The Third Way? | News Feature | Indy Week
Pin It

The Third Way? 

Chapel Hill's third mayoral candidate speaks

If Cam Hill had his way, the University of North Carolina would be putting up new buildings in Fayetteville, or Elizabeth City, or anywhere but Chapel Hill. UNC is wonderful, a great industry and the main reason Chapel Hill is a charming town, he says. But the university is becoming gargantuan, and its plan to add 8,000-plus students and staff to the main campus is shocking. And Meadowmont? "It's kind of appalling," Hill says. "Why wasn't the developer required to build what the zoning called for, which was single-family houses?"

So, after yet another anguished conversation with friends about the terrible things being done to Chapel Hill, and the, uh, "transient individuals" responsible for them (namely, UNC-Chapel Hill brass who came from somewhere else and will be gone before too long) Hill, 48, decided he was tired of feeling like a victim.

His answer? He's a candidate for mayor.

It would be easy to dismiss Hill. In fact, he virtually invites you to dismiss him, gesturing to a box full of unread stuff Town Manager Cal Horton has sent over and asking off-handedly if Smedes York is still mayor of Raleigh. (No, not for about 20 years.)

Whether he wins is "completely immaterial" to him. "I don't know if I should say this or not," he goes on--this is the way many things he says begin-- "but getting elected would terrify me. I mean, I'm willing to do it. ..."

On the other hand, he was born in Chapel Hill--the only one of the three candidates who was--and knows a lot of people in town, though interestingly, not Kevin Foy or Lee Pavao. They are "the sort of people" who like sitting in meetings and running the town, Hill says, not disparagingly.

For his part, he hates meetings, much preferring to be outdoors. That's why, although his dad was on the medical school faculty at Chapel Hill (and mom was head of volunteers at the university's Memorial Hospital for 25 years), the younger Hill never went to college, choosing instead to go into construction.

From his start as a carpenter, he put together a construction business, built and was co-owner of the original Crook's Corner restaurant and then went into fine cabinet-making, at one time employing 65 people. His company did all the woodwork in the Dean Dome, for example.

Hill sold the business during his divorce and for seven years since, has cut back, working 20-25 hours a week in home inspections and repairs while he concentrates on helping bring up his three children. His wife got the farm in Chatham County. He's back living in a little house in town that he bought long ago and rented out. It needs a lot of work. "The cobbler's children never have any shoes," he laughs.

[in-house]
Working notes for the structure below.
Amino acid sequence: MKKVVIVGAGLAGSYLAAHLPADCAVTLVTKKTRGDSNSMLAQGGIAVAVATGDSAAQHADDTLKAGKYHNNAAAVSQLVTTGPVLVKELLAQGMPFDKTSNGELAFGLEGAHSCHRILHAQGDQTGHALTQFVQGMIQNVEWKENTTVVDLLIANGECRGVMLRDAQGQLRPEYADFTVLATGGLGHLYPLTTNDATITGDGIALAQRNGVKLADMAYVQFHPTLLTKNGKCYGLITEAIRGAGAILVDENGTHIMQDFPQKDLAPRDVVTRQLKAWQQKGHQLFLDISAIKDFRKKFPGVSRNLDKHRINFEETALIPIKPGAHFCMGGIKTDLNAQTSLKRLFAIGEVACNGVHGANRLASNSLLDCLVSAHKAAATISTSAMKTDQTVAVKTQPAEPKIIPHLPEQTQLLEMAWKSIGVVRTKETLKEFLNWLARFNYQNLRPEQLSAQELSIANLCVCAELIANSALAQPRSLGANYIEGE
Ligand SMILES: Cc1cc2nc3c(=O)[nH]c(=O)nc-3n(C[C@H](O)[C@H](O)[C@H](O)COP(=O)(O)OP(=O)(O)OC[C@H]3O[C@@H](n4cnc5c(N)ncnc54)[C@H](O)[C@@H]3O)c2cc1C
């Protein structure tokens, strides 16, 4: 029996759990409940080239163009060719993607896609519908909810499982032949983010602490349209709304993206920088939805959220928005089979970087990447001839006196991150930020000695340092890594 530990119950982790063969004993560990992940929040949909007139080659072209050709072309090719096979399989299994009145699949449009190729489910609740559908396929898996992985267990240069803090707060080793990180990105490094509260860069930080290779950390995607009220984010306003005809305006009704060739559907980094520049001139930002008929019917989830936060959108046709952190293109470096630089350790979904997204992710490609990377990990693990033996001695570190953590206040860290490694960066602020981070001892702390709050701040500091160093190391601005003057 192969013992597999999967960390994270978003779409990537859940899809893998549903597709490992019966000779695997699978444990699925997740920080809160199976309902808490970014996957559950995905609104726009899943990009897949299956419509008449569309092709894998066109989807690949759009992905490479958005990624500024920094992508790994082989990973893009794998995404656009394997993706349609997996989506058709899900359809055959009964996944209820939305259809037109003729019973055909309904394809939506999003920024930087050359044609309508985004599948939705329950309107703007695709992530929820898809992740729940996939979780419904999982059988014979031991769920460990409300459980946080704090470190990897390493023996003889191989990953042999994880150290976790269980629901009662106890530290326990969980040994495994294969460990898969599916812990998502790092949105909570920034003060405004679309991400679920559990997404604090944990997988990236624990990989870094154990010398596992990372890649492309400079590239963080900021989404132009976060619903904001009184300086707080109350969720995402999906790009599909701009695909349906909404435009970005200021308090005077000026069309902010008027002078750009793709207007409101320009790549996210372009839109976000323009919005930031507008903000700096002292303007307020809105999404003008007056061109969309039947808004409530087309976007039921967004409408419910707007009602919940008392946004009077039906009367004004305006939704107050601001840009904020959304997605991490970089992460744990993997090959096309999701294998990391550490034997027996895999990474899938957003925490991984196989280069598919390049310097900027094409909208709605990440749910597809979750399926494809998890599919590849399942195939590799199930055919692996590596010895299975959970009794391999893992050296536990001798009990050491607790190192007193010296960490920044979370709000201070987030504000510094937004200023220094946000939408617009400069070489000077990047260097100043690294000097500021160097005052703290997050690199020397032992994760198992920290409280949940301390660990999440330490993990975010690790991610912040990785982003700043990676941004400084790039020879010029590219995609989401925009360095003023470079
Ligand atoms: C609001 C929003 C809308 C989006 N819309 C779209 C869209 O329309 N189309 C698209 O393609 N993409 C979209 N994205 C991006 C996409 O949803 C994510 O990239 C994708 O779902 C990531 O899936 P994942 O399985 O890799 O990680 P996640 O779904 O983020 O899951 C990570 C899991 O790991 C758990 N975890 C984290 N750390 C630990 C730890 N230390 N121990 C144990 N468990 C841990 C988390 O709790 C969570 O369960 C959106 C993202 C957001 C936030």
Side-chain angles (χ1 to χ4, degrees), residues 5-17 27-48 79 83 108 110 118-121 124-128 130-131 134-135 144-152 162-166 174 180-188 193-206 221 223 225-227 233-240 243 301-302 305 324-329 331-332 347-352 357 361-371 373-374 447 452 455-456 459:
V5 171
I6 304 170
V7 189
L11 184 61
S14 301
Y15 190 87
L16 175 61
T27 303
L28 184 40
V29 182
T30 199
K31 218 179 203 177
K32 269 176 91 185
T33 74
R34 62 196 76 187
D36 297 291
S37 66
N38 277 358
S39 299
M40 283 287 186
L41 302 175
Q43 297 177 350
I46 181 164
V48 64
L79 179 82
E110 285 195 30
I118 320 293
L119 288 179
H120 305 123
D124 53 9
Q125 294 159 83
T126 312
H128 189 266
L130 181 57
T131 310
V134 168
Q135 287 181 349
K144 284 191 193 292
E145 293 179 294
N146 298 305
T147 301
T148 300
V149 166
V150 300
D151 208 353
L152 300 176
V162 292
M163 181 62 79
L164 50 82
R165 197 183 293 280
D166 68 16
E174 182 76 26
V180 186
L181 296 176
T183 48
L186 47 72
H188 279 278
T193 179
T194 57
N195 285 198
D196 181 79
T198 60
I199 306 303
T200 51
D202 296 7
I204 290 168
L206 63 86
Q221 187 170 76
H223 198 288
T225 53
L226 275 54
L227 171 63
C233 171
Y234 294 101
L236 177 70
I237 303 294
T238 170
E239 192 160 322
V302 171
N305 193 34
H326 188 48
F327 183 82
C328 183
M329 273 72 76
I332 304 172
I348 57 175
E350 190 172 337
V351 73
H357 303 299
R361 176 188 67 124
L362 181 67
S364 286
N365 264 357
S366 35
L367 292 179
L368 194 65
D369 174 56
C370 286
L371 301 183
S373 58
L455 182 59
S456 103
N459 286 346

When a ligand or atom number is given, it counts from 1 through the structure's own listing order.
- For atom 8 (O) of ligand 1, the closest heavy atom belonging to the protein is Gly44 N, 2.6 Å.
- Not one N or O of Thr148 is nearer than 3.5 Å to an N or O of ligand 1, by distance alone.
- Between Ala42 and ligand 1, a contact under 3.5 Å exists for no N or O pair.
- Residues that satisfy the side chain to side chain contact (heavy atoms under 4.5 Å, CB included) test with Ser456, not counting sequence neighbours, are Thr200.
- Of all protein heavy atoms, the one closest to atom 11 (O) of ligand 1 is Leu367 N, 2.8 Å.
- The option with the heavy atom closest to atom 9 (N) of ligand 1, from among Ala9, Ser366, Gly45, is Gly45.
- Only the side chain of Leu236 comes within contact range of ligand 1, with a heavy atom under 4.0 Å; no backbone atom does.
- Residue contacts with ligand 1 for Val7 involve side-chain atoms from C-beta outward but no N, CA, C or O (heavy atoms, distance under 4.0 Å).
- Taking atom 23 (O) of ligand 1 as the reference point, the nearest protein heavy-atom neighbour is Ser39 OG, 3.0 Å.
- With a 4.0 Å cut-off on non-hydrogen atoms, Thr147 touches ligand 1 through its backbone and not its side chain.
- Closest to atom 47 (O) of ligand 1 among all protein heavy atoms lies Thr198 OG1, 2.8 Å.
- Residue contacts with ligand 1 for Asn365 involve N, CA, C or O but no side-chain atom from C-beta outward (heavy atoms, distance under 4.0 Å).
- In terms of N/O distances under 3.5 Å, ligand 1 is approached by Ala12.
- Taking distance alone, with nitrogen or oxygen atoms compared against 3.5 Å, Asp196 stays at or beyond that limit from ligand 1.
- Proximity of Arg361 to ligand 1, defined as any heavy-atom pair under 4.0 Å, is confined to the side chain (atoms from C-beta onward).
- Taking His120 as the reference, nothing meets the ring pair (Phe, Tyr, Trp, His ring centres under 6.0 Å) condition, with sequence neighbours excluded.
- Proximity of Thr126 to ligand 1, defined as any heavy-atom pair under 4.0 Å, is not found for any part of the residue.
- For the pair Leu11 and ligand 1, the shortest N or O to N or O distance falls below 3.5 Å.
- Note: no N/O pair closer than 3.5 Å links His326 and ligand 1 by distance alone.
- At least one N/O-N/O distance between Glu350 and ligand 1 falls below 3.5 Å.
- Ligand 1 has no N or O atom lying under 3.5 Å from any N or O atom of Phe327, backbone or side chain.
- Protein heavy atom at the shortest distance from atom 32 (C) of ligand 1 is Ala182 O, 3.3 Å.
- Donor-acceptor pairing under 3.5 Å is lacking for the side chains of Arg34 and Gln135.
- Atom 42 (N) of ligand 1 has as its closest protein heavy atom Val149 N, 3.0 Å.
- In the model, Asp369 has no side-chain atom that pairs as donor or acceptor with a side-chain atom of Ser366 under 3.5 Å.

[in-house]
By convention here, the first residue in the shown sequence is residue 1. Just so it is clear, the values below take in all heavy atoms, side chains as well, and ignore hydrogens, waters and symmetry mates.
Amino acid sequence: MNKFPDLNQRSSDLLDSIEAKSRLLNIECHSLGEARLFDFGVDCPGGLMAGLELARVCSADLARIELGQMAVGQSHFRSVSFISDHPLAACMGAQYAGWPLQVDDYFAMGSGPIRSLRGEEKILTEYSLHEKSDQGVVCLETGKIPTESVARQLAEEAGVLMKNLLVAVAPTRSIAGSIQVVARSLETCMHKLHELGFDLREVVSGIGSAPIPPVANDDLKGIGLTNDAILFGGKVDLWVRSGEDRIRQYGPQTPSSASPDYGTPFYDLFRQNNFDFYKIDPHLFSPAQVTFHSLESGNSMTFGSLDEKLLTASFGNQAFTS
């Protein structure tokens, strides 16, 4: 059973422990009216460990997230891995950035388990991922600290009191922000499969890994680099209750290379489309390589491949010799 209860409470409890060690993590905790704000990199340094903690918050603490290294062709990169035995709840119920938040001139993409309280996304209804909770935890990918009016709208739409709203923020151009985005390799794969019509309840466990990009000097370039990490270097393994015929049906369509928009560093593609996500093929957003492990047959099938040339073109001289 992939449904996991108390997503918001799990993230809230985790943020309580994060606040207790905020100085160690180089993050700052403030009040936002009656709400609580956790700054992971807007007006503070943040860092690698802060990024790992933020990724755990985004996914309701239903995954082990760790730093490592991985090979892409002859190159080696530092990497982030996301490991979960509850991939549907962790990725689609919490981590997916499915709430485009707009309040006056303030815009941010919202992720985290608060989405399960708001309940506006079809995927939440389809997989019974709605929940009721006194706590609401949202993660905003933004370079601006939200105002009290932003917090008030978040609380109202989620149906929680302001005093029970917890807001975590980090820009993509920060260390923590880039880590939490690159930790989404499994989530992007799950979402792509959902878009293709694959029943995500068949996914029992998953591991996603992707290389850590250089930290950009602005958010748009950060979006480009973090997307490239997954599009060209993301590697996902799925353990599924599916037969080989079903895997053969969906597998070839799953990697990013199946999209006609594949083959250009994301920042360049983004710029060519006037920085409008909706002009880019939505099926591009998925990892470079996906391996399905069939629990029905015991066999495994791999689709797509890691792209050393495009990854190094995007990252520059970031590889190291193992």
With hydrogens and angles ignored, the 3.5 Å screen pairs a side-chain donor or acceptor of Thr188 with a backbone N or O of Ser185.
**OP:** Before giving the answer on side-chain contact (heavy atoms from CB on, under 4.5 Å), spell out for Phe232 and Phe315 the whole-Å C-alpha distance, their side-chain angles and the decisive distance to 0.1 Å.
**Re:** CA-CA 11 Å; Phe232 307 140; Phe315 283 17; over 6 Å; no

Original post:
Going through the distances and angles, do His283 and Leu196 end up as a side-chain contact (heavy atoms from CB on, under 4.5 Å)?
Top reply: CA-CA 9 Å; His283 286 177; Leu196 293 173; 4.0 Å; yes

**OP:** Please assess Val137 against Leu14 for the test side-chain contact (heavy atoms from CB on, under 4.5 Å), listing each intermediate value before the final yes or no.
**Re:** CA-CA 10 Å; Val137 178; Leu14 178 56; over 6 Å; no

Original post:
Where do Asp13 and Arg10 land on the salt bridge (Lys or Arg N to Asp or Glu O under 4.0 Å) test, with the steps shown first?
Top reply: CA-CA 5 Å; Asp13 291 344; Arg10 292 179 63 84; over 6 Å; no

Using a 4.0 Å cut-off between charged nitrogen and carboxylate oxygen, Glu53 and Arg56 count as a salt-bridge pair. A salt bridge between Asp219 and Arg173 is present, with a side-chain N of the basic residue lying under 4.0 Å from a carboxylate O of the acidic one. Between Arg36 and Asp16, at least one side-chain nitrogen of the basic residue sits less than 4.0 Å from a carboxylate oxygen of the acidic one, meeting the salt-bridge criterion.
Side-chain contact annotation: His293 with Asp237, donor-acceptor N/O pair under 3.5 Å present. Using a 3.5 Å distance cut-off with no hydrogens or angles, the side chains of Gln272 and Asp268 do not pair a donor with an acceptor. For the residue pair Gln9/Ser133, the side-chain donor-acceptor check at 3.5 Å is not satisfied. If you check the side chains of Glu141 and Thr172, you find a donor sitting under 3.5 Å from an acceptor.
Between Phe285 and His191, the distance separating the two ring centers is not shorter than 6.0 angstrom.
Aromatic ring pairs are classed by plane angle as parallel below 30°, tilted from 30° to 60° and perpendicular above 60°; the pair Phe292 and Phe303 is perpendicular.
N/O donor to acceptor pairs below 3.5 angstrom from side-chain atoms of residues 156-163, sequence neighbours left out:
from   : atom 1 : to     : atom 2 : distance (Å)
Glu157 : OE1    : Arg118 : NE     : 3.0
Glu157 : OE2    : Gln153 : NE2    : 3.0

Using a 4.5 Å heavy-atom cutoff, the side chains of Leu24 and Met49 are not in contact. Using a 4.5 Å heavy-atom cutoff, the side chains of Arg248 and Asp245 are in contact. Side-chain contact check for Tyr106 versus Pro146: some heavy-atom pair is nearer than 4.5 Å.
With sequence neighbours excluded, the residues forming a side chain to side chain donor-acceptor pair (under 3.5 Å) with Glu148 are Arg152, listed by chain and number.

Hill's house is in an interesting place. It's at the western edge of town, a block up from Franklin Street, and right across the way is the terminus of an old rail bed that runs all the way up to UNC-Chapel Hill's Horace Williams tract. Who owns the two vacant lots of either side of his house? The university does.

Hill knows perfectly well that even if he were the mayor of Chapel Hill, he couldn't stop growth cold. But he thinks the next mayor should be working overtime to slow it down and cut it back.

"Let's use the charming streets of our town as our guide," Hill says. "The mindset seems to be that we are helpless in a descent into becoming the next Cary. Well, you can't stop it if you don't try."

Comments

Subscribe to this thread:

Add a comment

INDY Week publishes all kinds of comments, but we don't publish everything.

  • Comments that are not contributing to the conversation will be removed.
  • Comments that include ad hominem attacks will also be removed.
  • Please do not copy and paste the full text of a press release.

Permitted HTML:
  • To create paragraphs in your comment, type <p> at the start of a paragraph and </p> at the end of each paragraph.
  • To create bold text, type <b>bolded text</b> (please note the closing tag, </b>).
  • To create italicized text, type <i>italicized text</i> (please note the closing tag, </i>).
  • Proper web addresses will automatically become links.

Latest in News Feature



Twitter Activity

Comments

The Trump phenomenon is catastrophic. Obviously, Trump is far smarter than Hitler; but he has Hitler's ability to make the …

by Oscar Martinez on Welcome to the Resistance: Trump Is President, But Trumpism Can Never Prevail (News Feature)

Has anything been done to address the problems? When something is reported like this it's more important to check on …

by Christine Dale on The truth about the Goathouse Refuge (News Feature)

Most Recent Comments

The Trump phenomenon is catastrophic. Obviously, Trump is far smarter than Hitler; but he has Hitler's ability to make the …

by Oscar Martinez on Welcome to the Resistance: Trump Is President, But Trumpism Can Never Prevail (News Feature)

Has anything been done to address the problems? When something is reported like this it's more important to check on …

by Christine Dale on The truth about the Goathouse Refuge (News Feature)

As one of the founders of Raleigh Cohousing I would like to set the record straight: The article is inaccurate …

by Kayelily Middleton on How the Triangle Became Ground Zero in the Cohousing Movement (News Feature)

Thanks for the mention of Village Hearth Cohousing. We finished our design workshops last weekend and are very excited about …

by Linda Hobbet on How the Triangle Became Ground Zero in the Cohousing Movement (News Feature)

From the article, "only a tenth of 1 percent of people in the Triangle live in an official cohousing communitythe …

by MickeyNotMouse on How the Triangle Became Ground Zero in the Cohousing Movement (News Feature)

© 2017 Indy Week • 320 E. Chapel Hill St., Suite 200, Durham, NC 27701 • phone 919-286-1972 • fax 919-286-4274
RSS Feeds | Powered by Foundation